The European Central Bank is considering shelving planned rules that would have forced banks to set aside more money against their stock of unpaid loans, after suffering a political backlash.
The guidelines, which were expected by March, had been presented as a key plank of the ECB’s plan to bring down a 759-billion-euro pile of soured credit weighing on eurozone banks, particularly in Greece, Portugal and Italy.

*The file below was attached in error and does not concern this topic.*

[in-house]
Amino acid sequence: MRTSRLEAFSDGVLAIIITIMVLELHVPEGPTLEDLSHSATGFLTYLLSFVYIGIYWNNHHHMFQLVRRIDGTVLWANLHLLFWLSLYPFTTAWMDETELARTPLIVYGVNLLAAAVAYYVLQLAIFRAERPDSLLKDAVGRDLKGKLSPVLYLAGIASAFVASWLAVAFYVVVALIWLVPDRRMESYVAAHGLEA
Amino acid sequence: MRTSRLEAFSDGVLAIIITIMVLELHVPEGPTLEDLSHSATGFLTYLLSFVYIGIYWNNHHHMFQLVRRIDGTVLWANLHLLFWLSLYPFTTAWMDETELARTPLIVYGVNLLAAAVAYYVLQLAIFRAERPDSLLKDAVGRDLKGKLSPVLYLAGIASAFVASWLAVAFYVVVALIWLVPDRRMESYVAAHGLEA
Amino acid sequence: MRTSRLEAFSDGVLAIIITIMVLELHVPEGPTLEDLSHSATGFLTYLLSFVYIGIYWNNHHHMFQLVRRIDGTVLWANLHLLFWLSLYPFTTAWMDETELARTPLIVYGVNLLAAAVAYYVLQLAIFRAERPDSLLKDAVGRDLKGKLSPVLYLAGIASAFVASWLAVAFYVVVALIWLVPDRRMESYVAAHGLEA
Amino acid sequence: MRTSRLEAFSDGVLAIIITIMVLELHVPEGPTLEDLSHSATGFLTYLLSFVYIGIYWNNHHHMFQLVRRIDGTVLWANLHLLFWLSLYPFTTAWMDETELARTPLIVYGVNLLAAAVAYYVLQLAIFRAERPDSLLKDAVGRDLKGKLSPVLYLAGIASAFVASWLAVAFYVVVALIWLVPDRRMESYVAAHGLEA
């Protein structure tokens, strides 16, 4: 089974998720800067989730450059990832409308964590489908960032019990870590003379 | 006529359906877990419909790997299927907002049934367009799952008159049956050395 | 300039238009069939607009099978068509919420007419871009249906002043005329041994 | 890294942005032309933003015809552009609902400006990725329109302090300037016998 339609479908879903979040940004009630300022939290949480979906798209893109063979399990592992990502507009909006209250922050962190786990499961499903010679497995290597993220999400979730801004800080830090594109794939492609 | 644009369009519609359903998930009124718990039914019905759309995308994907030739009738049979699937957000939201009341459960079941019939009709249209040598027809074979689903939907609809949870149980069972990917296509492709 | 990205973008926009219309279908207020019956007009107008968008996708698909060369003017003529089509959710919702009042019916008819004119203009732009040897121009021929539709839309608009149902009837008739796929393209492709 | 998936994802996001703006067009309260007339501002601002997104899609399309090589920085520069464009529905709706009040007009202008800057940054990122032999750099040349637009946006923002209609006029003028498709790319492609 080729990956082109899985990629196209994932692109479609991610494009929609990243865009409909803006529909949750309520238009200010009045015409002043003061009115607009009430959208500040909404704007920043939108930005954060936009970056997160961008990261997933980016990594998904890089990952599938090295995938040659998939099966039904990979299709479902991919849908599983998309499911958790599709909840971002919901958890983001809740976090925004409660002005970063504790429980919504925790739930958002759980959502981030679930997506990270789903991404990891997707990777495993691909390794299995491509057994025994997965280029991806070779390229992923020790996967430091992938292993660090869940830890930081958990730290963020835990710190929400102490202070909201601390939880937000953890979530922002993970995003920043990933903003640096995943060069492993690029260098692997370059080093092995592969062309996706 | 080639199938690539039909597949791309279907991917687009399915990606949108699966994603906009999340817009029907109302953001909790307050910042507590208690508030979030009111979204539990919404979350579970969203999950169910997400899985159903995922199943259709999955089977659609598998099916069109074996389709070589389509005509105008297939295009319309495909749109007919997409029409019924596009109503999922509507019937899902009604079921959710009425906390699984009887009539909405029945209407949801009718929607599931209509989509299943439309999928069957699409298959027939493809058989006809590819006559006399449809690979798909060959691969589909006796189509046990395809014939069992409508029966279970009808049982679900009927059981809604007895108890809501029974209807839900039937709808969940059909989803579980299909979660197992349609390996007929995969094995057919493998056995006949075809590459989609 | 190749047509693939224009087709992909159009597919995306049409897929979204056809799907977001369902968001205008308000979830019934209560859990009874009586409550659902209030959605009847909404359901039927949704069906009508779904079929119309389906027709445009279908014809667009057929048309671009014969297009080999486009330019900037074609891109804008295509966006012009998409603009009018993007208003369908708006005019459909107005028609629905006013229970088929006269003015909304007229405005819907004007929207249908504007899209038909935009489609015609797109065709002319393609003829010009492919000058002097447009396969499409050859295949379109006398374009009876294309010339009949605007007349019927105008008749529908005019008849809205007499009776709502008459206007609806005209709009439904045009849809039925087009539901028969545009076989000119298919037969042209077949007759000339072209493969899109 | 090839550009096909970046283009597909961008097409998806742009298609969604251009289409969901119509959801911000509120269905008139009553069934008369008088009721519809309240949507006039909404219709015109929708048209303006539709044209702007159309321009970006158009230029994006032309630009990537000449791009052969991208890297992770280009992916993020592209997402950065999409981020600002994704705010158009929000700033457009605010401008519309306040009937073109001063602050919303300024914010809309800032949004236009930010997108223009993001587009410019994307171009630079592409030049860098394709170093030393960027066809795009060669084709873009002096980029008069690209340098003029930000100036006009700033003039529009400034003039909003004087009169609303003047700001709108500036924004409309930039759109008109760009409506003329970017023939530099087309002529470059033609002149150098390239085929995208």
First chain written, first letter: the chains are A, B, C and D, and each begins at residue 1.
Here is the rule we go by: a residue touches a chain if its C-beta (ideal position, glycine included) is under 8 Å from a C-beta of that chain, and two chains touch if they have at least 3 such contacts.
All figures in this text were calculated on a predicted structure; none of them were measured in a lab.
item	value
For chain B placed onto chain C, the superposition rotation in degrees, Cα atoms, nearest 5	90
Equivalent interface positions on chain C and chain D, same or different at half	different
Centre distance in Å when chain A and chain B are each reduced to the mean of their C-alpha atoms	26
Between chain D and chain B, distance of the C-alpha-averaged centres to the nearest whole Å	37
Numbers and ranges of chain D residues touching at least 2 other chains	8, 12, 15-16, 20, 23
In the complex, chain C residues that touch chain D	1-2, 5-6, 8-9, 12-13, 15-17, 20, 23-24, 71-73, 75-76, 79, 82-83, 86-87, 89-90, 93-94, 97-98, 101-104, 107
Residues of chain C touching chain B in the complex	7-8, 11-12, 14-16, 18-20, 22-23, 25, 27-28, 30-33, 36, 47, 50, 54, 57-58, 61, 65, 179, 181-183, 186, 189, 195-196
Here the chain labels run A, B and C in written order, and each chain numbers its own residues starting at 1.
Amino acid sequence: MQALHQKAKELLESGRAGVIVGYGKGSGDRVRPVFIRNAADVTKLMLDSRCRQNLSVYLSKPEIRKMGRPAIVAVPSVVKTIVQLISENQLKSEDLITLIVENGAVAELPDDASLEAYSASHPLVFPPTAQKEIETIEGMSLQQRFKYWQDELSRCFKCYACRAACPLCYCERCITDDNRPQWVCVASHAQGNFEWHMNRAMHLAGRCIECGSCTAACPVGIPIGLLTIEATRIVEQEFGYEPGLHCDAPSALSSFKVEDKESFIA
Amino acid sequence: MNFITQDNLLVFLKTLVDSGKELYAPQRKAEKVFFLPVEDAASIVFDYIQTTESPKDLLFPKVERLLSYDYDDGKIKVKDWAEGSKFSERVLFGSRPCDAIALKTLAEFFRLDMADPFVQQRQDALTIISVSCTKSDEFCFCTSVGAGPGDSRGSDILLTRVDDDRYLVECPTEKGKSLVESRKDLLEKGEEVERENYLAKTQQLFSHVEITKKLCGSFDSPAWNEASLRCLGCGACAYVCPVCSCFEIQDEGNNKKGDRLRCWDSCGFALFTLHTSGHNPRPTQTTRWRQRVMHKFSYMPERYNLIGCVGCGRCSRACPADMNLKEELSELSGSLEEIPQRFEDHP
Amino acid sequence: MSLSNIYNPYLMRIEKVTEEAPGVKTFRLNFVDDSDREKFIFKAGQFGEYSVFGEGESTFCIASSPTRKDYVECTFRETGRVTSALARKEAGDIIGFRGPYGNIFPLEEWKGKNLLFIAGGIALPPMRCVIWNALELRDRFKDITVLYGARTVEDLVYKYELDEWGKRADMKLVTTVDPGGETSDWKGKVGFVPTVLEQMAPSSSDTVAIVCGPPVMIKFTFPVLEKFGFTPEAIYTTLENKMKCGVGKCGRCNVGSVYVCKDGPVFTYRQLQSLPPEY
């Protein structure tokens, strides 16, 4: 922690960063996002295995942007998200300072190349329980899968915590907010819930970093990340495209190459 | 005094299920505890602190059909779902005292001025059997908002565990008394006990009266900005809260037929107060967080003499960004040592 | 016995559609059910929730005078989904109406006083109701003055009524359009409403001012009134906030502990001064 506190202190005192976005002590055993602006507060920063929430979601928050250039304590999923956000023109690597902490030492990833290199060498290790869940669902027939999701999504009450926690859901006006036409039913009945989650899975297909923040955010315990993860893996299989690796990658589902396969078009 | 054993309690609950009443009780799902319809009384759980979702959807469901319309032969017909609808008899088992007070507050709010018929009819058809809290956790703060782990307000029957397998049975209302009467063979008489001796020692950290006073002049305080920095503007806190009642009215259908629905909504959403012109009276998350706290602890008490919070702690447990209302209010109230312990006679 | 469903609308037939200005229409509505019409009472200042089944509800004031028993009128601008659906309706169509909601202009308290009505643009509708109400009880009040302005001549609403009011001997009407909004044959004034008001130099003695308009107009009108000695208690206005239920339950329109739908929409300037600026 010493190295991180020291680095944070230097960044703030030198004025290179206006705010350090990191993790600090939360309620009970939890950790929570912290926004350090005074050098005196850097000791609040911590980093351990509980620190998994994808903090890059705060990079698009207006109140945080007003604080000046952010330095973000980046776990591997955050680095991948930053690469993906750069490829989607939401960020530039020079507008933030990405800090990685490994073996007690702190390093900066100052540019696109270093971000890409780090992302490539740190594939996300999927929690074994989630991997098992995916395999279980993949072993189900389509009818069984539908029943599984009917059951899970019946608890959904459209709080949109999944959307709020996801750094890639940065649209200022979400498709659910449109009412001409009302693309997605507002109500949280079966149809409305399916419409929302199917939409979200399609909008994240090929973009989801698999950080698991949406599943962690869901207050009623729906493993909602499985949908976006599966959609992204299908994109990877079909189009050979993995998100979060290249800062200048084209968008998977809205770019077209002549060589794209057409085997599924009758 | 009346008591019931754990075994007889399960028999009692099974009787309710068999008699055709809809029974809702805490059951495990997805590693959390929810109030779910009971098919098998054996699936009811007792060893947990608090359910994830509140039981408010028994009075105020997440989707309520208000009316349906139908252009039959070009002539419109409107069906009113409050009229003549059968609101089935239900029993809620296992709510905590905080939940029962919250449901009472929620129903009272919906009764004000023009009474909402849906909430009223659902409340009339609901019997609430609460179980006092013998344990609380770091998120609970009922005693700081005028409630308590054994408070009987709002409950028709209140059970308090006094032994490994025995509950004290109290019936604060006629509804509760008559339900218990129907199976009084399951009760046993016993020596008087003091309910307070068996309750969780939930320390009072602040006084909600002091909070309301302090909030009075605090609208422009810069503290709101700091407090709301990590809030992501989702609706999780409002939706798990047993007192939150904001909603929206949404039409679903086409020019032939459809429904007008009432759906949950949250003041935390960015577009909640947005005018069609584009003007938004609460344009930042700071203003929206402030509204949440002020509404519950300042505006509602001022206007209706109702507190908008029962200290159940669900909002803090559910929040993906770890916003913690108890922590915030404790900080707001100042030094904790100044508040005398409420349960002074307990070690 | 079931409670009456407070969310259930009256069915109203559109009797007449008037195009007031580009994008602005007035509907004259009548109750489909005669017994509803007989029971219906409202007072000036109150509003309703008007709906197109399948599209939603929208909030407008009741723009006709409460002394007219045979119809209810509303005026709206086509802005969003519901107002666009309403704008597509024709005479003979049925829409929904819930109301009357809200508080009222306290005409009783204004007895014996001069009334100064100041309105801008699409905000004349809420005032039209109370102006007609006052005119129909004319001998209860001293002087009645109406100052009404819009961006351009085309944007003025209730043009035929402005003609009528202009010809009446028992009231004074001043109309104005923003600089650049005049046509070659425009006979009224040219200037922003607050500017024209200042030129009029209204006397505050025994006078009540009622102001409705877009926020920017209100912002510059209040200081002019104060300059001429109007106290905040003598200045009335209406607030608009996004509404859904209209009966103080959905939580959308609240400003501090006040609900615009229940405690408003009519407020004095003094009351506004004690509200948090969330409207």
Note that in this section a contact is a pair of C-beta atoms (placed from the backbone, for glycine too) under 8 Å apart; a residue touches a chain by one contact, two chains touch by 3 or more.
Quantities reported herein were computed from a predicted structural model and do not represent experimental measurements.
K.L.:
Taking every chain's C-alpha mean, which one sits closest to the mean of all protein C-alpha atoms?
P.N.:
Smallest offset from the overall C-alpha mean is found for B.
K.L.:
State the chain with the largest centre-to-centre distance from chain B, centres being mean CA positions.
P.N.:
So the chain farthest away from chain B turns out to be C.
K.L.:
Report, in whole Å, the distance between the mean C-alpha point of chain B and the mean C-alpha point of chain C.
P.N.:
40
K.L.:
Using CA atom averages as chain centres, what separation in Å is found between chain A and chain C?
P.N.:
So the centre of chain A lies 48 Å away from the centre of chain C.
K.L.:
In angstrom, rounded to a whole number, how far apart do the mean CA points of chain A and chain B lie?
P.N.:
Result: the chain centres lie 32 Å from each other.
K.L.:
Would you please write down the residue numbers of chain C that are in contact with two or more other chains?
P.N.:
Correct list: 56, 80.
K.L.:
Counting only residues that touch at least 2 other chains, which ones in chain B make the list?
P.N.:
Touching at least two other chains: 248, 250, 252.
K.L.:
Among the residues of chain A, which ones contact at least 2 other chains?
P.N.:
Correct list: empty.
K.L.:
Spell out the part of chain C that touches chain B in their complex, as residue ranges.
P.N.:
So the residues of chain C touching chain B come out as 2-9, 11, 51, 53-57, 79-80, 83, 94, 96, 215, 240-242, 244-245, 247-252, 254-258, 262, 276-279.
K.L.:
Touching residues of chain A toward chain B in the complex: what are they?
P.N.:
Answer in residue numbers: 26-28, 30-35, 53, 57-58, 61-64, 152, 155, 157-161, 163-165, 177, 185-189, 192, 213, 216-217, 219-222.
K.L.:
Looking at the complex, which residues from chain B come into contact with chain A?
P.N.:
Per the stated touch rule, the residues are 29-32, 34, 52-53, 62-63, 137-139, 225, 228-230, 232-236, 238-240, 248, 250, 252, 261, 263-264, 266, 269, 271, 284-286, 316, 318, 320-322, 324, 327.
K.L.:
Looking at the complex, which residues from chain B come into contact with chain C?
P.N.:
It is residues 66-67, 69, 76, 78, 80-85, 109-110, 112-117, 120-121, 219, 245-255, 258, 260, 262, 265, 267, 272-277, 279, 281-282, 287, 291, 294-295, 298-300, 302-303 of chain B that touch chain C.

The Frankfurt-headquartered institution is now considering whether further policies on legacy nonperforming loans are necessary “depending on the progress made by individual banks,” a spokeswoman for the central bank said.
She added that no decision had been made yet and the next steps were still being evaluated. European Central Bank sources told Reuters that if the rules are scrapped, supervisors will look to continue putting pressure on problem banks using existing powers.